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Another robot lawnmower

Robot lawnmower uses permanent visual ques
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Permanent visual markers are placed at various points on the edges of the yard. The markers would be maintained so that they always look the same and are not visually blocked. The pattern that the mower would later visually follow would be first created by a human pushing the mower on the first cut of the entire yard, while the on board camera took multiple snapshots of the journey. Later, on robotic runs, The camera on the mower would compare and follow pixel patterns on the existing on board memory of visual way points. If an object got in the way the mower would bounce off of the object and use existing robotic mower technology to travel in various directions and hunt for familiar visual way points, the same way humans do, until the proper path was found. Re-mowing previously cut areas could be reduced by a sensor that detected the cutting blade resistance encountered on its journey. When a previously mowed area was encountered, the mower would propel itself to the next path it is to mow, per it's memory. A clock on the mower could assist by comparing the present mowing time and position to the saved time and position in memory. If the operator requests, the mower could send a radio, visual or audible alert advising of abnormalities in its routine. Other features could be added that could detect the climb/descent/bank position of the mower, and compare it to stored data, via a position sensor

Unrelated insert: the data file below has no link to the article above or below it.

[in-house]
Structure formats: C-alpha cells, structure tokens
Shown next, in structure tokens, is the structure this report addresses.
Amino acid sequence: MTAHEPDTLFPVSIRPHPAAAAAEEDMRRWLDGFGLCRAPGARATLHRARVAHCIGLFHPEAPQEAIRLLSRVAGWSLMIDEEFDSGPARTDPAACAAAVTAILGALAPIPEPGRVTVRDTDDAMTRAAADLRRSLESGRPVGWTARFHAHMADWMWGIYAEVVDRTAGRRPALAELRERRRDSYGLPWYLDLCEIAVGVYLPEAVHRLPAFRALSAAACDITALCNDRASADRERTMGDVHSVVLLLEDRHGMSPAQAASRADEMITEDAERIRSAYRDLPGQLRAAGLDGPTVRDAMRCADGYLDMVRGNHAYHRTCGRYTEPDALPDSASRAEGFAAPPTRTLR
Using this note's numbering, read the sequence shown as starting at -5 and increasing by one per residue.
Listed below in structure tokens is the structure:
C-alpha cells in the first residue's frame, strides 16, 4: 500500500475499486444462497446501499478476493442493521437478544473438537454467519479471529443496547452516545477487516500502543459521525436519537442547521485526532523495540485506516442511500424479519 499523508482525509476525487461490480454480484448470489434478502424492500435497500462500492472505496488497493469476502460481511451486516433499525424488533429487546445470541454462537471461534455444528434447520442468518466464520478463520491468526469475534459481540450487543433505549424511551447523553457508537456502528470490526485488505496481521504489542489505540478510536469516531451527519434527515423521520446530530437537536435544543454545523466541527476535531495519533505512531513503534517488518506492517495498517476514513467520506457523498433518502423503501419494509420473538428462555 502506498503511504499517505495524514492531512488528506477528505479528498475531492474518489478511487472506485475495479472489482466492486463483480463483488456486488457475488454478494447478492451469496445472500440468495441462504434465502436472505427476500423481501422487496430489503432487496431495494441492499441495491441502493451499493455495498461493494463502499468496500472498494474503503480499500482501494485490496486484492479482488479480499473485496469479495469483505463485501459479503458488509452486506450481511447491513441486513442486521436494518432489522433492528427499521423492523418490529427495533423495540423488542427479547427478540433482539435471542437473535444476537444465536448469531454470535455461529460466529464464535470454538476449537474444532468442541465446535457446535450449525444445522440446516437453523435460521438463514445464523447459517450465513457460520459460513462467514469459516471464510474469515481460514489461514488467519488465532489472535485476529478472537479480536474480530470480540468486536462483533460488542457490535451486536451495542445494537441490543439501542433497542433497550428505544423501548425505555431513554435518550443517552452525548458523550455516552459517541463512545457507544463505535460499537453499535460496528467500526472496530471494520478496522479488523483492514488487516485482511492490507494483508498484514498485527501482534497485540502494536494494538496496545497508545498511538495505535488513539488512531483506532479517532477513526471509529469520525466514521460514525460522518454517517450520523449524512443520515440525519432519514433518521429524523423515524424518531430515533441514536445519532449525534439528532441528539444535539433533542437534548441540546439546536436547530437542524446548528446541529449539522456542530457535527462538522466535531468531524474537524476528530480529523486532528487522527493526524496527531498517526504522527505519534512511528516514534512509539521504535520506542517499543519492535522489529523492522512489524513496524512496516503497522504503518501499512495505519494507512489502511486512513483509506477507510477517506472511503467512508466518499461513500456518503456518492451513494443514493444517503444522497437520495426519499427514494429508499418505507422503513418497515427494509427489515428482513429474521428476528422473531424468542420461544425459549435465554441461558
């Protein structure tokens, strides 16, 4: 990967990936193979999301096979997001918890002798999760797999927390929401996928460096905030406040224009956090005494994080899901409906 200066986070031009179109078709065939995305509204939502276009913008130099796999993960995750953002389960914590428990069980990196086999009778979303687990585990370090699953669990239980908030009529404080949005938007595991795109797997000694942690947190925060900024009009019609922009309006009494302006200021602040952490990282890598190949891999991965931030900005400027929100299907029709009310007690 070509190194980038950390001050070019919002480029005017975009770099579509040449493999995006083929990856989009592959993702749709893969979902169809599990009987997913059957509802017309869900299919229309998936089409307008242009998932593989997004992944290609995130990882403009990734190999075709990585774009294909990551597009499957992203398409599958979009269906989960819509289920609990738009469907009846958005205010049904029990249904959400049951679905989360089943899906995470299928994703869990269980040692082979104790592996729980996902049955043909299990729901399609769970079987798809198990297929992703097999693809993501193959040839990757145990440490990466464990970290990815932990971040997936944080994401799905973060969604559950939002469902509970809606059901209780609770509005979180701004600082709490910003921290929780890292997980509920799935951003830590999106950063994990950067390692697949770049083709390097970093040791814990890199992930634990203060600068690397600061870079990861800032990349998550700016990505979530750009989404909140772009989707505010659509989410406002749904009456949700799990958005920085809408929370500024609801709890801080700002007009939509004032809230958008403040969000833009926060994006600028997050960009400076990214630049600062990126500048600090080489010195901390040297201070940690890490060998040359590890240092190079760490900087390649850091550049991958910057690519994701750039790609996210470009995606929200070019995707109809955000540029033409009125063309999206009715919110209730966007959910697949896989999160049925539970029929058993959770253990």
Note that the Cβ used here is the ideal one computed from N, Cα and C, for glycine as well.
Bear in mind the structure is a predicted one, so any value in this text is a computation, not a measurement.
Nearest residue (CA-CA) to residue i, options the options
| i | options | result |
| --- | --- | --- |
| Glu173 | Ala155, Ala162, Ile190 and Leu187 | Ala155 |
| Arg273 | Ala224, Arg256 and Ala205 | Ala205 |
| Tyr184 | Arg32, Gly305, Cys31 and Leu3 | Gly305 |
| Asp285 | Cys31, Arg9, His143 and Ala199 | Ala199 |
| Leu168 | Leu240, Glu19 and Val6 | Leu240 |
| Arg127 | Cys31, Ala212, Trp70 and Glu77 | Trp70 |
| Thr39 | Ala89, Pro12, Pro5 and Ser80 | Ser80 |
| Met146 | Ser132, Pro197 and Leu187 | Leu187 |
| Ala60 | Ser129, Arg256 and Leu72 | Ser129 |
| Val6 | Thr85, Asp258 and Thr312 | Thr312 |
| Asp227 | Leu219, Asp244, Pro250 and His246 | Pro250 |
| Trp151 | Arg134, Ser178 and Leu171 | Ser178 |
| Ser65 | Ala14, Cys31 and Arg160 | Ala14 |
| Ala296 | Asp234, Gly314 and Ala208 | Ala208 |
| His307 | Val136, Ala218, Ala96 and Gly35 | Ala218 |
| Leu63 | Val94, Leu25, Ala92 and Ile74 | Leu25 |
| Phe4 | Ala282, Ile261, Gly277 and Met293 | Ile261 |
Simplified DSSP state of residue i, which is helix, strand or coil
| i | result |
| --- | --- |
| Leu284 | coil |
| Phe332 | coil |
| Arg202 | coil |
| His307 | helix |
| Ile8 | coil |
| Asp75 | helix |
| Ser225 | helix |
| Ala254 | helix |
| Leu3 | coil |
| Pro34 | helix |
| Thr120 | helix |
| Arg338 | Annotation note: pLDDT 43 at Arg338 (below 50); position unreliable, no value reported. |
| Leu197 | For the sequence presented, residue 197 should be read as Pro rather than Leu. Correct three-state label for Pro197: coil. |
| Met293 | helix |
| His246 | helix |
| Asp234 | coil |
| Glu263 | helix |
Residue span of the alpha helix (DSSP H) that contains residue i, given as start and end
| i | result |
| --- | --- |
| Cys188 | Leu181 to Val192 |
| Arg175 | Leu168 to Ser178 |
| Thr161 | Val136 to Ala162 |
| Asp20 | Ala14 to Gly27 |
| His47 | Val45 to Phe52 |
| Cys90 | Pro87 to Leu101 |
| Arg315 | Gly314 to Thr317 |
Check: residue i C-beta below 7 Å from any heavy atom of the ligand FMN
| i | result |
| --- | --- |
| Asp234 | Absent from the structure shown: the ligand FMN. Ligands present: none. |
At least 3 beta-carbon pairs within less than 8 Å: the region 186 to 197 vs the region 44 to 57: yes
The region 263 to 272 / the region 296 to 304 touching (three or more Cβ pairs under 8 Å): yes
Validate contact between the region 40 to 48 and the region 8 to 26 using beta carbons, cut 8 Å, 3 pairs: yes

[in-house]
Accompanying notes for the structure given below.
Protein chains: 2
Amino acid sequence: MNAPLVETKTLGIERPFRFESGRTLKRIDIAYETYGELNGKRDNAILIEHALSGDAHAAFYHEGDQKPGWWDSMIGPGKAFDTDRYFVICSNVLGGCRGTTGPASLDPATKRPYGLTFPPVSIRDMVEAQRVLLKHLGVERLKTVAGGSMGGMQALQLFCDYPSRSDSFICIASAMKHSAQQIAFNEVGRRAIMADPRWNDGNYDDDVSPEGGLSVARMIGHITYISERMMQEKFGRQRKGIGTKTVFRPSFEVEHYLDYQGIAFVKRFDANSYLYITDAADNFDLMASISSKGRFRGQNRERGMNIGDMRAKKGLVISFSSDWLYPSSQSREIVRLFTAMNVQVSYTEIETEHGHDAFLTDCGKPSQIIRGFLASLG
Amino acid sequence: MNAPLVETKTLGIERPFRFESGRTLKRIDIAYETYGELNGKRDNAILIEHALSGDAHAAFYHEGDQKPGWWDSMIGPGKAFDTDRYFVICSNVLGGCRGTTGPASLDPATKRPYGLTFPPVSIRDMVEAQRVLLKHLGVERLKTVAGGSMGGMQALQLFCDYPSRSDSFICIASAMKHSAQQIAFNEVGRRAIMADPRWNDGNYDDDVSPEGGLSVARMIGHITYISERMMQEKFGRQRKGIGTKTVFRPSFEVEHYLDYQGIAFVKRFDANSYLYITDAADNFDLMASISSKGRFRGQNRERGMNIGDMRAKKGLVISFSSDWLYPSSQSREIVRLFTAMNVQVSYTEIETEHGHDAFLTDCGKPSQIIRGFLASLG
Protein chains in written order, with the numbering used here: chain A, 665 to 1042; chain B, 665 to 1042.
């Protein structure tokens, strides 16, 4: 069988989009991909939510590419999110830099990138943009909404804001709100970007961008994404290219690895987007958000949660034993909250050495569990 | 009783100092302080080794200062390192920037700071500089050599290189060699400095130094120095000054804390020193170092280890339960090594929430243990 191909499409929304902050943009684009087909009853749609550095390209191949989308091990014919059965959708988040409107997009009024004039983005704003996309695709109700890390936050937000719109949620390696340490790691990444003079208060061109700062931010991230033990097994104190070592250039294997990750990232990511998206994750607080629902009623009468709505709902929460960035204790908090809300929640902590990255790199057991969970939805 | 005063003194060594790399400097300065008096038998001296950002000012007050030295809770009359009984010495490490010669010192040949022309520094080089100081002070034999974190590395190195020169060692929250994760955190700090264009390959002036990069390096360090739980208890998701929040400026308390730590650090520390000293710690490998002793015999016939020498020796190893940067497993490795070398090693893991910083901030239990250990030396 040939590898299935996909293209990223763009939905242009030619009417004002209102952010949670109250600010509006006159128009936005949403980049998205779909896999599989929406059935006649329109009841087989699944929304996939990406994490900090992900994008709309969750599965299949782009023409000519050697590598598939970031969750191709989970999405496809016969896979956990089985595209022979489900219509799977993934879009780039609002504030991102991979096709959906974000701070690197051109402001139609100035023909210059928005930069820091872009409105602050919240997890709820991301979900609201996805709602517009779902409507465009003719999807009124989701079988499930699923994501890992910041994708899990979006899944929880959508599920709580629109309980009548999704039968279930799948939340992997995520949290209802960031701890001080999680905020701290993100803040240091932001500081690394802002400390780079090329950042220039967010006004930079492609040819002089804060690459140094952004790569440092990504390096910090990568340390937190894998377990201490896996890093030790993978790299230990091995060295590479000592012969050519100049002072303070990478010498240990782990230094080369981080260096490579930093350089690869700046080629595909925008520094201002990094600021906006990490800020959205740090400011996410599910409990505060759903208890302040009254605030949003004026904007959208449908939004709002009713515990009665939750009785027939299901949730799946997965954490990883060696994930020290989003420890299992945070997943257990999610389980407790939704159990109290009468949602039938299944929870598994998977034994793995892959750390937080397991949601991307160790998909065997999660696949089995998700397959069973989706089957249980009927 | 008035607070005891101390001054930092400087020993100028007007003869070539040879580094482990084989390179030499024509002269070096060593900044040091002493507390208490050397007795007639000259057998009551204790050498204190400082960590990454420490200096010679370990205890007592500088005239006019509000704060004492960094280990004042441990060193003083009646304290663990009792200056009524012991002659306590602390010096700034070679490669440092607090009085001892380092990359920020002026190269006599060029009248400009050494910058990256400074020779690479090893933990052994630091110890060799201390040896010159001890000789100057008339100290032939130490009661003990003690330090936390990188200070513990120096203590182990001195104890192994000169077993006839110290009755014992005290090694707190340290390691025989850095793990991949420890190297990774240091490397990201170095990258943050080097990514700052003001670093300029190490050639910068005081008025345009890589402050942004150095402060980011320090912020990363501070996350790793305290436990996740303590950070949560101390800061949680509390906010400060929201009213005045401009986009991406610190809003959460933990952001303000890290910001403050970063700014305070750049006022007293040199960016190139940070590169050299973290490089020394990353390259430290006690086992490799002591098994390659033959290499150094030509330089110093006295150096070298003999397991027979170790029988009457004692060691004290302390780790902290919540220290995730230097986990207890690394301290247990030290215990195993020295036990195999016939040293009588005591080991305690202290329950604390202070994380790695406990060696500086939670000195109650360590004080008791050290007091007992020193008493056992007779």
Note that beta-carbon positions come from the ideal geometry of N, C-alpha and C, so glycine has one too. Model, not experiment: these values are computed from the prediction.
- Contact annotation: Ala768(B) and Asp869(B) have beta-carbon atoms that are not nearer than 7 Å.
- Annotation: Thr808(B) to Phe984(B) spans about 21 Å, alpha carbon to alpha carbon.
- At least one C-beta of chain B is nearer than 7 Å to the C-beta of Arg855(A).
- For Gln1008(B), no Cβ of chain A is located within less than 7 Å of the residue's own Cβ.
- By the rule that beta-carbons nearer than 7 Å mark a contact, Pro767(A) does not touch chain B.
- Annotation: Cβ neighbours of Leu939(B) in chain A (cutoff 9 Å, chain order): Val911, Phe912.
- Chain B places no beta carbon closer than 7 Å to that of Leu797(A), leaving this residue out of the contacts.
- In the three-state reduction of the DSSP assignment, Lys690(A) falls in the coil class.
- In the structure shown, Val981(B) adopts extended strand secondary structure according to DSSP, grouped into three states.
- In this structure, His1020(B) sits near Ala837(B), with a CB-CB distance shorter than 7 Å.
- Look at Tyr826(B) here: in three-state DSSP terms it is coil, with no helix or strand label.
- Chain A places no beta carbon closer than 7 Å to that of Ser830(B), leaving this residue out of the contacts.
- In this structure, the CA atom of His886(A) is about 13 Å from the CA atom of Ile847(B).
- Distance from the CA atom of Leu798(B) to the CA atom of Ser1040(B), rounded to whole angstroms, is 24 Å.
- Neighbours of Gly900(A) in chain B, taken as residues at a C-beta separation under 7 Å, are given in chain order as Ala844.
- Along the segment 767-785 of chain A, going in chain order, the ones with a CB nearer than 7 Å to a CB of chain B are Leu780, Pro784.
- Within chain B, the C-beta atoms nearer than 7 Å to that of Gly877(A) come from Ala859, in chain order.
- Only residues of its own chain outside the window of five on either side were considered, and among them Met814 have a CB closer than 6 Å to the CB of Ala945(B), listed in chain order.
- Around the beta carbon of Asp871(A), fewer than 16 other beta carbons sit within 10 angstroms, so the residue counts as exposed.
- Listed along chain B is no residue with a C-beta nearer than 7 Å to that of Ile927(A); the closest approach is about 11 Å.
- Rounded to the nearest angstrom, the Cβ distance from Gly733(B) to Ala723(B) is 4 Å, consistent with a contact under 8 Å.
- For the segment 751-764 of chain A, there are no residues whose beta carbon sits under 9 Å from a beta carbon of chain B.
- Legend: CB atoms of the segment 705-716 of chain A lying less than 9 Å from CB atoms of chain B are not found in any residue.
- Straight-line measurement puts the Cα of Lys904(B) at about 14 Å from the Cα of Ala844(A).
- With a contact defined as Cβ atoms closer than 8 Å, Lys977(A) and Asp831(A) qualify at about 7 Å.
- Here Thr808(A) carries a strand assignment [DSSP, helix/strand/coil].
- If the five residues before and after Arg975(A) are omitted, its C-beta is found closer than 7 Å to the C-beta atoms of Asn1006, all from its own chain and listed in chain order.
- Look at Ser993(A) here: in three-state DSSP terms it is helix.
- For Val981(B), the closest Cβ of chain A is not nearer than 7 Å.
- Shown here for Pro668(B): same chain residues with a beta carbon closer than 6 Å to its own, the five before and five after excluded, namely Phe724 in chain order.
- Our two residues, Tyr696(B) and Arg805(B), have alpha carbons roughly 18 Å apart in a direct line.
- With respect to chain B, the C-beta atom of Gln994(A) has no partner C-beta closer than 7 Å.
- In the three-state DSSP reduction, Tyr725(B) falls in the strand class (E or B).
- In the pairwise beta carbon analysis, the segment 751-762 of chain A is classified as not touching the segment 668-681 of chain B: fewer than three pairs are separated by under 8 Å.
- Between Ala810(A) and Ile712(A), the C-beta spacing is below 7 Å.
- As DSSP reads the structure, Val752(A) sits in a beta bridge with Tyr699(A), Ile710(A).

Sunstone, Aug 21 2008

Similar technology is now arriving for efficient indoor floor cleaning http://www.google.c...al&client=firefox-a
The device beams two spots of infrared light on the ceiling to use as an indoor "North Star" to navigate with [Sunstone, Feb 12 2010]

Trifo Ironpie M6 live streaming visual navigation robot vacuum https://duckduckgo....ax=videos&ia=videos
[Sunstone, Nov 26 2019]

Image-based Navigation https://www.grounda...-features-and-map/1
Recent developments in learning image feature representations for object and place recognition have made image retrieval a viable method for localization [Voice, Nov 26 2019]

San Seriffe https://en.wikipedi...g/wiki/San_Serriffe
[Frankx, Nov 27 2019]

[link]






       I don't think this would work. If the mower found itself in a location and orientation it wasn't familiar with, how does it know which way is which?   

       In other words, if you just put the mower in the center of the lawn, pointed in an arbitrary direction, how does it know how to get back to its starting point? You'll need a lot of overlapping images and some sort of X/Y counter to create a coordinate system it can follow.
phoenix, Aug 22 2008
  

       FWIW this was a trick used by a couple of hackers towards the end of Battlebots tournaments. Cues were not visual however; I think they were infrared emitters.
Steamboat, Feb 12 2010
  

       Hmmmm...not sure about the precision. I tried to build a robotic mower and it always ended up losing it's way due to the vagaries of the lawn...this idea sounds fine on paper...but, with various moisture, cut grass clogging lenses and sensors, etc. the poor mower get's baffled as to exactly where it is. My little mower got lost and ended up randomly wandering around the yard...and I was amazed at what a good job it eventually did just on its own with no guidance at all.